Oklahoma State’s running game is atrocious. The Cowboys only managed 109 rushing yards – and 40 of those came on a scramble by Mason Rudolph – during the first four quarters of Saturday night’s game at West Virginia. But when it mattered most in overtime the 19th-ranked Cowboys ran it six consecutive times, capped by J.W. Walsh’s 2-yard touchdown on fourth down, to rally for a 33-26 victory over the Mountaineers.
Walsh’s keeper – just his fourth rush of the game – capped a wild game before a sold-out crowd of nearly 60,000 at Milan Puskar Stadium in Morgantown, W.Va. It was OSU’s first ever win at West Virginia in three games.
The Cowboys – winners of eight consecutive games dating back to last season (tied for the third longest winning streak in school history) – are now 6-0 overall and 3-0 in the Big 12 entering a bye week. They will enjoy the week off before playing Kansas on Oct. 24 for Homecoming.
“The accumulation of the last 10 weeks [since the start of practice in early August] and the last two games, we were beat down a little bit but they found a way to win,” Cowboys head coach Mike Gundy said.
Even though they led 14-0 early in the second quarter and 17-2 at halftime, it was anything but an easy win for Gundy’s squad.
In overtime, back-to-back 7-yard gains by Rennie Childs gave OSU a first down at the 11-yard line. Runs by Childs (2 yards) and Walsh (6 yards) moved the ball to the 3, but Mason Rudolph’s keeper came up short of the first down. Facing fourth-and-1 from the 2-yard line, Gundy decided to go for the touchdown instead of kicking a field goal, sending Walsh back into the game.
“We got to the fourth down and the yard or yard and a half, whatever it was, but there really wasn’t any decision,” Gundy said. “I guess there was a decision [but] I had already thought that through.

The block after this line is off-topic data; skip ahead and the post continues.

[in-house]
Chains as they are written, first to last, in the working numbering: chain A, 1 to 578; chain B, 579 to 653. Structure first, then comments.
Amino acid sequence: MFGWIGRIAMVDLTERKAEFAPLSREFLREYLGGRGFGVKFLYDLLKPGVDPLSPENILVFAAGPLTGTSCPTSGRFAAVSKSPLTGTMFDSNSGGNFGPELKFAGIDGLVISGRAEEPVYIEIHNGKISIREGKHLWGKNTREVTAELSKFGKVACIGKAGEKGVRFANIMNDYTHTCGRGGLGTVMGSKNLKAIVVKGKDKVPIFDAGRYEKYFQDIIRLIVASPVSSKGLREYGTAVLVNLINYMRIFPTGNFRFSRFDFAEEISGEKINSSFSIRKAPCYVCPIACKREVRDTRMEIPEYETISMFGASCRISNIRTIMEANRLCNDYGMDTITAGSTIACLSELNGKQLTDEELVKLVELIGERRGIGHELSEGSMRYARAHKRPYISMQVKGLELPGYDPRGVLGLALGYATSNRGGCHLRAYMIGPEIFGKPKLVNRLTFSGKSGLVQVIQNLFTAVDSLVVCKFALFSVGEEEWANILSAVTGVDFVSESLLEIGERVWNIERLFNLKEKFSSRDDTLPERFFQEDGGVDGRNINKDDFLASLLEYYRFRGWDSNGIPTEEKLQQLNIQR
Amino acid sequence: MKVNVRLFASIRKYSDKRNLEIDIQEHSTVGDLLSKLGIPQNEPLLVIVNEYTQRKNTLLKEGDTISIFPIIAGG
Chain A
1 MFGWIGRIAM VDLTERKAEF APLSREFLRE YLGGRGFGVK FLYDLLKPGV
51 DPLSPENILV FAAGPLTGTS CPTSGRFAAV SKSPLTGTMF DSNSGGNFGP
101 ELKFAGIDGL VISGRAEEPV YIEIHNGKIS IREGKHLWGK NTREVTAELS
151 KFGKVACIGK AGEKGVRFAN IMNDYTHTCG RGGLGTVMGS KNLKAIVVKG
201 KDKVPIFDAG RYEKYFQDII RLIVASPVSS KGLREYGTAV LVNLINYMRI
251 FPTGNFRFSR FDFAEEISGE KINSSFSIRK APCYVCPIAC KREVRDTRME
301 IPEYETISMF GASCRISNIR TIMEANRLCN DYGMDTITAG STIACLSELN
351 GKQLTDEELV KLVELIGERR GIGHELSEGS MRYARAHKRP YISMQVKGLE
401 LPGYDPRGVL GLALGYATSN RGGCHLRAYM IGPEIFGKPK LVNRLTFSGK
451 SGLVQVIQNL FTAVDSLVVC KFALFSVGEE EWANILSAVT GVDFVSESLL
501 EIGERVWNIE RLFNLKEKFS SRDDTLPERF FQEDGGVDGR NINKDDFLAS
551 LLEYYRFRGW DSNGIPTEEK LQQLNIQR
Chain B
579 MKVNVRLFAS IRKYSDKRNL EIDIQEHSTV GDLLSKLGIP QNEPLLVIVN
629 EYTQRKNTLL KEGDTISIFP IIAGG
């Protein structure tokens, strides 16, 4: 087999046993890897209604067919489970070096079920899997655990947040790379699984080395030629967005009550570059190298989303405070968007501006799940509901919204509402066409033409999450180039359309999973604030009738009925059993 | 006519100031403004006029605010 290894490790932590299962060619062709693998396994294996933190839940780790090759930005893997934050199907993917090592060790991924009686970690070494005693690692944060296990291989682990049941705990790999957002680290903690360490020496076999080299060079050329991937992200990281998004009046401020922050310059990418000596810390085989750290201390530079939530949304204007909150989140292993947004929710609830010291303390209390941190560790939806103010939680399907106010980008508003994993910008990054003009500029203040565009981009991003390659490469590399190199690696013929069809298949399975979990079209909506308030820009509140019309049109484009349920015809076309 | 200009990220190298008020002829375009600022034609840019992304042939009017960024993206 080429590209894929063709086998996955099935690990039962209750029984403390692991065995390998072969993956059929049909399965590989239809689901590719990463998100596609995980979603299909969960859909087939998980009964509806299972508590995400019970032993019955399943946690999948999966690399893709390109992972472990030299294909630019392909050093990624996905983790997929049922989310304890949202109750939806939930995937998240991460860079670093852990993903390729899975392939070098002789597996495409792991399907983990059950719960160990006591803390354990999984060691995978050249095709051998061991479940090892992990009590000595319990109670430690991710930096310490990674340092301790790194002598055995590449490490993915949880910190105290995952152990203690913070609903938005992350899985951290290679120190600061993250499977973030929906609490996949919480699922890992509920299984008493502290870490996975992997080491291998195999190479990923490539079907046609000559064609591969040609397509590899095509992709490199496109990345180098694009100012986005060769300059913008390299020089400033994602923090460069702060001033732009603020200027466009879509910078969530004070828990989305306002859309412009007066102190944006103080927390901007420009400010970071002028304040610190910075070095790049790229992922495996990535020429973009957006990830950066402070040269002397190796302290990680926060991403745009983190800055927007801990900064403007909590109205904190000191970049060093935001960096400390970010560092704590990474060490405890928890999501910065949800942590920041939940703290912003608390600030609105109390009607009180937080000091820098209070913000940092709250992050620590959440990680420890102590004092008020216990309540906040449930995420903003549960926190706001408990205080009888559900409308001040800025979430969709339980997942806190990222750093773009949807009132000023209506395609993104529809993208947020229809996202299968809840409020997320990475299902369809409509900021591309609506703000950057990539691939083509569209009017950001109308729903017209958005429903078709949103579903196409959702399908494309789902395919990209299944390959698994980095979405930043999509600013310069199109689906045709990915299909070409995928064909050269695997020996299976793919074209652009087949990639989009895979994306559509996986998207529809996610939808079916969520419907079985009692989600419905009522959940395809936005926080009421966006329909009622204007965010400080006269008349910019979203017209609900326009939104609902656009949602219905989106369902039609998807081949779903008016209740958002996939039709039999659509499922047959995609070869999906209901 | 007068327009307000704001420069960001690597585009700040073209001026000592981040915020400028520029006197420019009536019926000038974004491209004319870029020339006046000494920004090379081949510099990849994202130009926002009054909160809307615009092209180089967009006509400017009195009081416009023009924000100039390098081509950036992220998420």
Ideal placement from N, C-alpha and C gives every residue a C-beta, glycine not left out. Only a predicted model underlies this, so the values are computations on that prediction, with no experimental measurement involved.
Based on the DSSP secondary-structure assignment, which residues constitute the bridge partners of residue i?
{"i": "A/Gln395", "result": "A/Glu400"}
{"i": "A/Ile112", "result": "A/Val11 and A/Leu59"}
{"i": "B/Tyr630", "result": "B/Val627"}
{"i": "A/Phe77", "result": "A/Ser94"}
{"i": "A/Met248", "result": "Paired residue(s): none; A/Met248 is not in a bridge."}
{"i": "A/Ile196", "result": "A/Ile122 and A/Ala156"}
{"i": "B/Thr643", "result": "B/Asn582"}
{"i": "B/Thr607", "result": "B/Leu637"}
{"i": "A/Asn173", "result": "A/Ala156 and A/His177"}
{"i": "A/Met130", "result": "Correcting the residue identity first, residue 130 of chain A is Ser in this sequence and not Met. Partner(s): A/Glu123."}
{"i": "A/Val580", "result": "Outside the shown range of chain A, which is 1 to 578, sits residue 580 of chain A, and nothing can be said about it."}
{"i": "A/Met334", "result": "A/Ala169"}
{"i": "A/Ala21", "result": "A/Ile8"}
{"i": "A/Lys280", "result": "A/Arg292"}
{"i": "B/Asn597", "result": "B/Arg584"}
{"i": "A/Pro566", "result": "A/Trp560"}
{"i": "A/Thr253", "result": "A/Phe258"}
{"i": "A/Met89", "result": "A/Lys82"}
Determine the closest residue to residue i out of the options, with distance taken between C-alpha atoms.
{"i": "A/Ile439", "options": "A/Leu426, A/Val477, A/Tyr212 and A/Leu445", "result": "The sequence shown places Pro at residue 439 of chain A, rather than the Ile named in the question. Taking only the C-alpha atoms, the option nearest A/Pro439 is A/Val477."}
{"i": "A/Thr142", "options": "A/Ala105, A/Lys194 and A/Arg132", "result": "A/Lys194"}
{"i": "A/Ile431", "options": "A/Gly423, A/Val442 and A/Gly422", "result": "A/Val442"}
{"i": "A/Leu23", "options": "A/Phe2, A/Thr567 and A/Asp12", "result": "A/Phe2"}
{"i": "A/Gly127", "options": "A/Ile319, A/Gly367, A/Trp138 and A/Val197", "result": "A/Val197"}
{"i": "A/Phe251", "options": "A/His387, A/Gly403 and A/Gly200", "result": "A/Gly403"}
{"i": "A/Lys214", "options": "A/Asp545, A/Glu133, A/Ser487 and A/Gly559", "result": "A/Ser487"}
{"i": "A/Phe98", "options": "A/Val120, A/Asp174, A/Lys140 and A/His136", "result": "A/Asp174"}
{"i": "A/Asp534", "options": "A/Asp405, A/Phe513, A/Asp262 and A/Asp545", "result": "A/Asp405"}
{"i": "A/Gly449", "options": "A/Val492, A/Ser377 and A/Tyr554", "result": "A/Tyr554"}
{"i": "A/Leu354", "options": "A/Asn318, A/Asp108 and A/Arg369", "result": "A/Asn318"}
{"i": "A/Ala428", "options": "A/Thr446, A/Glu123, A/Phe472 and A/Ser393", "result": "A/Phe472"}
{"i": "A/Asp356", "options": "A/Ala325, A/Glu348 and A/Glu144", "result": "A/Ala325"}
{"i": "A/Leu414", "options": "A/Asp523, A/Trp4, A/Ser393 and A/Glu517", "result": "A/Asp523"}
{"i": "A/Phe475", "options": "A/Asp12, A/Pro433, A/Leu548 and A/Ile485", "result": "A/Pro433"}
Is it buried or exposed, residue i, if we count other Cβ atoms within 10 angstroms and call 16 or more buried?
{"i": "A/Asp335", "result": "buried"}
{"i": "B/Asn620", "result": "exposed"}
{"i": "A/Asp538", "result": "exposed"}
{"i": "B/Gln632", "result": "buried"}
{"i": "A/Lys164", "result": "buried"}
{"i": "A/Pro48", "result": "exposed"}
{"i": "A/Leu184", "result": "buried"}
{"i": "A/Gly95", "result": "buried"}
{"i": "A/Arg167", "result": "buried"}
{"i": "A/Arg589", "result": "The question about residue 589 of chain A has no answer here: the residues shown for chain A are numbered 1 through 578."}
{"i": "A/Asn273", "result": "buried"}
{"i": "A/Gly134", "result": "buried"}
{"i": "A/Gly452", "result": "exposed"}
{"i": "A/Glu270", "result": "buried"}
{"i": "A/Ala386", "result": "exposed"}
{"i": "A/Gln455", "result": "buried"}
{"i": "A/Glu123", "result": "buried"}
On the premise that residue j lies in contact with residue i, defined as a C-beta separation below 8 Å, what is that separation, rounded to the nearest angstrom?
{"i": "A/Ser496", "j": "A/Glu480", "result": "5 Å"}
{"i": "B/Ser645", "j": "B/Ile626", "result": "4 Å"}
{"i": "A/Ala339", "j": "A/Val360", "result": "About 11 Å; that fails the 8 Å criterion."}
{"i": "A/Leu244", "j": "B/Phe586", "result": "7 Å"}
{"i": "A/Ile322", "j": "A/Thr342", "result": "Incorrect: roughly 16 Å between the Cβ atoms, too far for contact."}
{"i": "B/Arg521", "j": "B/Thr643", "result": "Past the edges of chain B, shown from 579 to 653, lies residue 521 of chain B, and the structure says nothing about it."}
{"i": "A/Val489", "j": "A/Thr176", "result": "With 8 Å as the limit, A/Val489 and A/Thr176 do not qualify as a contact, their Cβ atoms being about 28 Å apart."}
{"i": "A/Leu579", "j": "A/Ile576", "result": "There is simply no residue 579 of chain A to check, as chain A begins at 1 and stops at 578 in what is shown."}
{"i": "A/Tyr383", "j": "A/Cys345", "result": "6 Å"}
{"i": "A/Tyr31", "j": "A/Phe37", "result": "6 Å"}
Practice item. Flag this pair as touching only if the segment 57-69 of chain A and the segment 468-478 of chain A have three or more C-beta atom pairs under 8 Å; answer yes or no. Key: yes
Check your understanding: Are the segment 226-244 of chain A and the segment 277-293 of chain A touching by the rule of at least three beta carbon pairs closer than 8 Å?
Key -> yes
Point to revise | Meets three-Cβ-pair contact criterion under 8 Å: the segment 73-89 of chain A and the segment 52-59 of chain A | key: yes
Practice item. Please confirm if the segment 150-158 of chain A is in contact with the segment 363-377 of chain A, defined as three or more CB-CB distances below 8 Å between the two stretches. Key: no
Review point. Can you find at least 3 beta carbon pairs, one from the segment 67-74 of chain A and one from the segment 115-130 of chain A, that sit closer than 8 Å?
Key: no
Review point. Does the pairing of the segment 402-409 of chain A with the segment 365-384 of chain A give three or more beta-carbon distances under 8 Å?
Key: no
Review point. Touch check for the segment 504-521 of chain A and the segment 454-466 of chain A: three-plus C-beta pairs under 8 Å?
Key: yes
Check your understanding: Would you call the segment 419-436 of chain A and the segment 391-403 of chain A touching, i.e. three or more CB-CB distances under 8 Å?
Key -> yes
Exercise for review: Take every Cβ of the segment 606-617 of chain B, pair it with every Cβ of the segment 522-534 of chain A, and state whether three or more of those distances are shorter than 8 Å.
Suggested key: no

“As soon as the overtime starts I had in my mind what we wanted to do if we got to fourth down, and that was to go for it unless it was out of the realm. Because I just didn’t feel like that if we kicked a field goal on the road, the crowd would have gone crazy knowing that all they had to do [to win] was score, and momentum was already against us.”
“We trust J.W. We blocked the play well, and if we don’t … J.W. has a really good ability to slide sideways, turn his body and get a yard. I just have a lot of confidence in him, and Mike [Yurcich] made a good play call, changed up the scheme. That’s the first time we’d run that blocking scheme out of that package in this game. It worked for us.”
The fifth-year senior quarterback took the snap out of the pistol formation and patiently waited for pulling guard Paul Lewis to clear the way as he scored the go-ahead touchdown, giving the Cowboys a 33-26 lead after Ben Grogan’s point-after kick.
“It wasn’t as pretty as you’d want it to be but at the end of the game we made plays when we had to do it, and ran the ball,” said Walsh, mentioning the Cowboys inability to run the ball effectively for most of the game.
But after Walsh scored it was the Cowboys defense that made the plays after West Virginia had a first-and-goal at the 9. Jordan Burton dropped Mountaineer running back Rushel Shell for a 7-yard loss on third-and-goal, forcing West Virginia into a fourth-down play from the 11-yard line. Mountaineer quarterback Skyler Howard’s fourth-down pass to Daikiel Shorts in the end zone fell incomplete, and the Cowboys were victorious.
The Cowboys are now 6-0 for the fourth time in Gundy’s 11 years as head coach (2008, 2009, 2011 and 2015). In 103 seasons before Gundy took over the program in 2005 there had only been two 6-0 starts (1945 and 1997) in school history.